Sexual Abuse – Covert (Subtle) Forms

“Traditionally, incest was defined as “sexual intercourse between two persons too closely related to marry legally–sex between siblings, first cousins, the seduction by fathers of their daughters.” This dysfunctional blood relationship, however, does not completely describe what children are experiencing. To fully understand all sexual abuse, we need to look beyond the blood bond and include the emotional bond between the victim and his or her perpetrator. Thus, a new definition has emerged. The new definition now relies less on the blood bond between the victim and the perpetrator and more on the experience of the child.” E. Sue Blume, Secret Survivors.

“Incest is both sexual abuse and an abuse of power. It is violence that does not require force. Another is using the victim, treating them in a way that they do not want or in a way that is not appropriate by a person with whom a different relationship is required. It is abuse because it does not take into consideration the needs or wishes of the child; rather, it meets the needs of the other person at the child’s expense. If the experience has sexual meaning for another person, in lieu of a nurturing purpose for the benefit of the child, it is abuse. If it is unwanted or inappropriate for her age or the relationship, it is abuse. Incest [sexual abuse] can occur through words, sounds, or even exposure of the child to sights or acts that are sexual but do not involve her. If she is forced to see what she does not want to see, for instance, by an exhibitionist, it is abuse. If a child is forced into an experience that is sexual in content or overtone that is abuse. As long as the child is induced into sexual activity with someone who is in a position of greater power, whether that power is derived through the perpetrator’s age, size, status, or relationship, the act is abusive. A child who cannot refuse, or who believes she or he cannot refuse, is a child who has been violated.” (E. Sue Blume, Secret Survivors).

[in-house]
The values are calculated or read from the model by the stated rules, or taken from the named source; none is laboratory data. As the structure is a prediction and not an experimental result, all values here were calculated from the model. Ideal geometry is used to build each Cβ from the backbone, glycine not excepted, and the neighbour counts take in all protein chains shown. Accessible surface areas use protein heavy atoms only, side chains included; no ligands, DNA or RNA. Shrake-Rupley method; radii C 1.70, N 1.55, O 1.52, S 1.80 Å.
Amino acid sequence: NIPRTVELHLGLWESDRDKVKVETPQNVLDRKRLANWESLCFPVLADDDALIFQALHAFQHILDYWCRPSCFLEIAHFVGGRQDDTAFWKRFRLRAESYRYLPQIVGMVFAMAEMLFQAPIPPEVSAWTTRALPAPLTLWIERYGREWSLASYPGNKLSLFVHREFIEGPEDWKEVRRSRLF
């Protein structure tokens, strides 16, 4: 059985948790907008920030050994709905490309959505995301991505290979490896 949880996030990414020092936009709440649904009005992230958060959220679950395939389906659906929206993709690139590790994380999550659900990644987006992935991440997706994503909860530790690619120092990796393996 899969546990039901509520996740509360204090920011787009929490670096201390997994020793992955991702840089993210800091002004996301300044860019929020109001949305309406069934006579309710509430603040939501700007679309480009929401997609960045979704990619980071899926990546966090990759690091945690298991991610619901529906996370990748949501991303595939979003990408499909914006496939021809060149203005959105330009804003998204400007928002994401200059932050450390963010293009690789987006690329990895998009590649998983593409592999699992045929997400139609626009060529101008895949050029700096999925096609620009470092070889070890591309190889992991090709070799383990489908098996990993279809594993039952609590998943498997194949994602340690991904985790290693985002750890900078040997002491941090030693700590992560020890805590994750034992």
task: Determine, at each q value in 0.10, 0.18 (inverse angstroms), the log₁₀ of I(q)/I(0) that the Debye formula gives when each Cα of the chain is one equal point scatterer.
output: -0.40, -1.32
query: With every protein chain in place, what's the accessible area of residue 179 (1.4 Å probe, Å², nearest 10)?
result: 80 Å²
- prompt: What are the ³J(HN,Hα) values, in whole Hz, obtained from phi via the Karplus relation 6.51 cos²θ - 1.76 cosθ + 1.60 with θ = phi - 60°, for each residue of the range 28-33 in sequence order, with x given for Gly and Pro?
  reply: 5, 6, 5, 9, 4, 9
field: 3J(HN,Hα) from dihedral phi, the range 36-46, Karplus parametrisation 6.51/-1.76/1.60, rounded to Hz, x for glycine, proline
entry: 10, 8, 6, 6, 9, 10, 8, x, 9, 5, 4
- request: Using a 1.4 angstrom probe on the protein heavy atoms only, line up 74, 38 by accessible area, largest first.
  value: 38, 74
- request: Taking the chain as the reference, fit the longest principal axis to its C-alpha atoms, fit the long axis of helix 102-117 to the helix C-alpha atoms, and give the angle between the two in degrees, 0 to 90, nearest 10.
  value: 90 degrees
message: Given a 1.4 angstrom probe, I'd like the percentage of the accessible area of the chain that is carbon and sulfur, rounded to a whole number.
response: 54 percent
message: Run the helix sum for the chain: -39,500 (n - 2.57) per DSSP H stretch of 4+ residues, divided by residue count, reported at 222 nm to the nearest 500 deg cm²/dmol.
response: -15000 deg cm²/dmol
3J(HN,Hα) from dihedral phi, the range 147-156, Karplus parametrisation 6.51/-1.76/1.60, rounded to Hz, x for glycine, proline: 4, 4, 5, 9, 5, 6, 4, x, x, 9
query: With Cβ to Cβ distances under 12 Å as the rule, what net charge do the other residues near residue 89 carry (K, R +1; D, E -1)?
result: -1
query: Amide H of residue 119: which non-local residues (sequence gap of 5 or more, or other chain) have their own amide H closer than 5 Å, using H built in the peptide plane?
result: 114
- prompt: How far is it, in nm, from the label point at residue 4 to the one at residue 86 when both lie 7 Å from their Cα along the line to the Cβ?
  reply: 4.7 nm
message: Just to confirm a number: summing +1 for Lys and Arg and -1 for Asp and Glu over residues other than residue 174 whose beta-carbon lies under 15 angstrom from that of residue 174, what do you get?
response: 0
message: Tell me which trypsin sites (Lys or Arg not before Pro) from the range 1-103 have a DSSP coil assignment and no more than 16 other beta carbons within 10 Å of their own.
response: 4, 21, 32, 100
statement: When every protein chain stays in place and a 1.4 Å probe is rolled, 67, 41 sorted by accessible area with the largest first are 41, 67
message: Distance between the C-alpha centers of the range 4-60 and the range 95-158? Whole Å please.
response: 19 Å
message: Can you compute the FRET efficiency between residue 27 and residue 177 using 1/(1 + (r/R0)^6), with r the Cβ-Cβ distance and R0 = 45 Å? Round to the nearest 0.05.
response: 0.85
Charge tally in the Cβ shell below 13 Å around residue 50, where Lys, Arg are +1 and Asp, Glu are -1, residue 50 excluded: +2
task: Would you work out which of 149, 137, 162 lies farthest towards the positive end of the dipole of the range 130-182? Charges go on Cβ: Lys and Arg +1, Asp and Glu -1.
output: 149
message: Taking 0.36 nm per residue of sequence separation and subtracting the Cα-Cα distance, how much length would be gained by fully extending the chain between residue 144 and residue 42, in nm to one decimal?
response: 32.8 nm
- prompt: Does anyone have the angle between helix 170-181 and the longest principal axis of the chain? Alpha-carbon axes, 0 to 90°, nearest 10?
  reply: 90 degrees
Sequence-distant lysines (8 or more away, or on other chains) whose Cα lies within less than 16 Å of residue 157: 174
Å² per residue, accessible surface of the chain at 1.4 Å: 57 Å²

Adhering to the definition of Sexual Child Abuse (see above), sexual abuse can be as subtle and insidious as:

o allowing the child to see pornographic pictures or movies or including the child with him/her as if the adult and child are peers

o a father rubbing cold water on his daughter’s chest–ostensibly to make her breasts grow

o a parent insisting a daughter do certain exercises to make her breast grow or grow bigger

o making jokes about a girl’s flat chest–i.e. two fried eggs, etc.

o giving a girl a T-shirt with two fried eggs in the strategic area of her breasts

o pulling a child’s bathing suit bottom down–the perpetrator usually laughs–causing humiliation

o a game of swimming pool tag–the person who gets ‘tagged’ gets his/her bathing suit pulled down, invariably a child is the only one who gets tagged and laughed at

o a man hugging a child while pressing his hard penis against her

o a man giving a child a ‘wet’ kiss on the lips

o a family member putting his tongue on a child’s lips or into her mouth–ostensibly the ‘family/friend’ kiss–the child doesn’t like this type kiss, but has no recourse since the child believes this is a family practice

o anyone, who has sexual intent invading a child’s privacy, such as entering the bathroom or bedroom without knocking, catching her unaware and indisposed

o anyone ‘playfully’ pulling his/her swimsuit bottom down or pulling her panties down without implied permission or permission